That’s cool. Baseball and music are my two nerd passions, the things I really geek out over. I’m in a super serious fantasy baseball league, and watch every Yankee game I can.

Are you bummed about the Jeter thing?

Uhh, I mean, I knew it had to be coming soon. If it wasn’t this year, it was next year.

Yeah, it seemed like it was coming.

And nobody’s really sure he can play anymore anyway, so maybe it’s time. I don’t want to see terrible Derek Jeter hanging on three years longer than he should. So I’m a little bummed out about it, but I’ve gotten to see him win a bunch of World Series for them. I’ve watched his whole career. I’m happy with that. And I’m looking forward to seeing him play this year a couple more times.

So if you’re from Pennsylvania, how did you end up a Yankee fan?

Yeah its funny, because all my friends are Phillies fans. My parents are both from Connecticut, and my dad is a lifelong Yankee fan and his dad was a lifelong Yankee fan. I was raised in the tradition! Starting from when I was four or five years old, every year my dad and I and my brother was a little bit older, when he was old enough to join us, every year we’d have a “guys day out” at Yankee Stadium. And I remember watching games sitting on his knee on the couch when I was like three years old. It’s in my blood. And it’s funny, I grew up in the one era when the Yankees kind of sucked. The mid-80’s to the early 90’s was a real bad time for the Yankees. Everybody assumes “oh, you’re a Yankee fan, you hopped on the bandwagon, you love winning and that’s it.” When I was growing up, they weren’t good! I loved them anyway! And I’m not going to stop loving them just because they got good again.

If you’ve got five minutes, this is a great story. Reese is a Yankee fan because her dad is a huge Yankees fan. Her dad is in his mid-80’s. He grew up in Boston. They live in Washington, DC now. Corporate lawyers. When he was a kid, his dad took him to see Boston play the Yankees, and I don’t know how old he was – this was, like, the ‘30s, this was serious Yankee history time, right? His grandfather is obviously a Red Sox fan. They watched the game, and the Yankees won, and her dad was like “I like those guys!” His dad is clutching his heart. He said “alright, OK, but if you’re going to be a Yankee fan, I want you to learn all the players’ names, I want you to know all the stats. If you’re going to be a true fan you’ve got to know all the stuff.” And so he did! He went away and he studied. And the next game they went to, he knew all the stats, all the players names. And so the family’s been Yankee fans since the ‘30s!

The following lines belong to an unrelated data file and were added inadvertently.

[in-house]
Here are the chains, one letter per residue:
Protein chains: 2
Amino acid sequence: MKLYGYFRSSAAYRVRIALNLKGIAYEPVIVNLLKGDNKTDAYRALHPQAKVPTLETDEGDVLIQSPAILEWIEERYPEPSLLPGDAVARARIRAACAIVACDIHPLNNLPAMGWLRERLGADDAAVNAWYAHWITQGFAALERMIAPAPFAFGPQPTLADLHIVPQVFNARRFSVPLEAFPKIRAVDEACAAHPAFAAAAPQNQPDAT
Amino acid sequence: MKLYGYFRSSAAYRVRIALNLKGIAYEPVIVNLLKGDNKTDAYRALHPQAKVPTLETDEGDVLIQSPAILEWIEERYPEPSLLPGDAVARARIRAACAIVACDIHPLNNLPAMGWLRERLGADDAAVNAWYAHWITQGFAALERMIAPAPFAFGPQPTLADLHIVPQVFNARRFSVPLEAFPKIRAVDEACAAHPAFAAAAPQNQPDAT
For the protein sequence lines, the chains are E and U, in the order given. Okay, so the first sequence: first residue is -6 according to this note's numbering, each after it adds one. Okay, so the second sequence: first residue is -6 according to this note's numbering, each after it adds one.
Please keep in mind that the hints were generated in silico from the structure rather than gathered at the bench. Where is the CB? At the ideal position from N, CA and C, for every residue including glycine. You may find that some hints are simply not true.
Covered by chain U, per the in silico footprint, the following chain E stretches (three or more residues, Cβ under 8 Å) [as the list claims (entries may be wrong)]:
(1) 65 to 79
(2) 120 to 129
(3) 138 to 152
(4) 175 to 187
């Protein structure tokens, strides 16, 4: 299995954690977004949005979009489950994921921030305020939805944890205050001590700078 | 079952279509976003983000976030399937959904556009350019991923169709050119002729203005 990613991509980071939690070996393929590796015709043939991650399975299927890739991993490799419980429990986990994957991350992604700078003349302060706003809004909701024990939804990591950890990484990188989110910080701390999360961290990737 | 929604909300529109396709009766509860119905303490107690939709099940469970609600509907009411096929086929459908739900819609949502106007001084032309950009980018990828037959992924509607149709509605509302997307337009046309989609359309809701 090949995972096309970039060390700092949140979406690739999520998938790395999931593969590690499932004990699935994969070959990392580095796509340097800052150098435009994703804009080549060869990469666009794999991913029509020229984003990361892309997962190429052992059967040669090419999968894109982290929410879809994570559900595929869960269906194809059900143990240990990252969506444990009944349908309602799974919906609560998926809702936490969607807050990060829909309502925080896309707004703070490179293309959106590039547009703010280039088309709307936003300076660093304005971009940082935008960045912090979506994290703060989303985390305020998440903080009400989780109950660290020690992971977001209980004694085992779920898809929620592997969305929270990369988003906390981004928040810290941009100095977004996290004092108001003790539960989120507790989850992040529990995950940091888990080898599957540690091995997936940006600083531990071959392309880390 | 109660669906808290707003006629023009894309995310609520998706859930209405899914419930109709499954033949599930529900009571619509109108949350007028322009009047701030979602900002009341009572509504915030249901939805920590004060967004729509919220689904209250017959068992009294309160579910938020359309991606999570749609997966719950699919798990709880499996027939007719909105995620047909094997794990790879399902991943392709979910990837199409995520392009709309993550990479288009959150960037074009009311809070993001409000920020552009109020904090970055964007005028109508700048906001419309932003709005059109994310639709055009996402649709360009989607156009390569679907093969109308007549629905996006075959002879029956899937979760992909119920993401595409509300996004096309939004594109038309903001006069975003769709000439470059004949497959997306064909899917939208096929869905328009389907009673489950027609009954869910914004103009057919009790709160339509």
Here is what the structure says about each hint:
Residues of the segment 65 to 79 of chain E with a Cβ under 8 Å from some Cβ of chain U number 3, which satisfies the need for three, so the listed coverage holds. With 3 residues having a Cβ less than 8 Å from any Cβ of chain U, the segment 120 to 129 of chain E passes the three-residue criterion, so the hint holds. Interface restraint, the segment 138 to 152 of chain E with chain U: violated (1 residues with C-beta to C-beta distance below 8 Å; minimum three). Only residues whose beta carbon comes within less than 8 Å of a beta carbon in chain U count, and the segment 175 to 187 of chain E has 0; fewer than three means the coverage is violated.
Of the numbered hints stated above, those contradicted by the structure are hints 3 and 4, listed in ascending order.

That’s pretty awesome!

She gets a lot of shit for it.

I’m jealous of him, he got to see all the greats!

Yeah, isn’t that crazy?

Well that’s all I’ve got, but thank you very much for doing this!

If you have any other things, or if I think of anything, I can just email you or something.

Sounds good. And I know you were talking about touring just the west coast, but I hope you maybe make it to at least to New York at some point!

That would be cool, that would be cool. We’ve played there a few times. On the Sunrise tour we played out there, it was really fun. But again, financially it’s just so hard.

Yeah, the economics just don’t make sense for a lot of folks anymore.

It’s such a big country, especially if you’re driving, you know?

Yeah, I think gas prices have done as much to kill the touring industry as anything else.

I definitely feel it up here in Seattle. We get a lot of the tours through here, but there are some that definitely skip Seattle because it’s so far north, it’s too much of a diversion.

Too much of a drive for one or two shows up that way.

Yeah, exactly. But anyway, enjoy your Saturday!

I will, enjoy the rest of yours!

And when are you getting married?

In June! June 29th. That’s kind of taken over my life right now, wedding planning.

My wife’s in wedding planning, she runs a couple venues where weddings happen.

We’re right in the thick of things. We sent out our Save The Dates this week and we’re trying to book everything.

Are you doing it in New York?

Yeah, we’re doing it here in New York, in Brooklyn. We found this place, it’s really neat, it’s called reBar. It’s a bar and restaurant during the week, but they exclusively do weddings on the weekend. It’s kind of become a wedding destination. It’s in an old tea factory, so it’s got all this incredible stonework, old brickwork and iron gates and stuff inside, it’s a really cool looking venue, we’re kind of stoked about it.

Nice, that’s really cool.

Yeah, so hopefully it all comes together.

You might not even remember the day anyway. Our wedding was like, “did I eat? I don’t remember anything.” It was a big, big blur. Good luck with that.

I’m excited about it. Thank you! Thanks for chatting with me!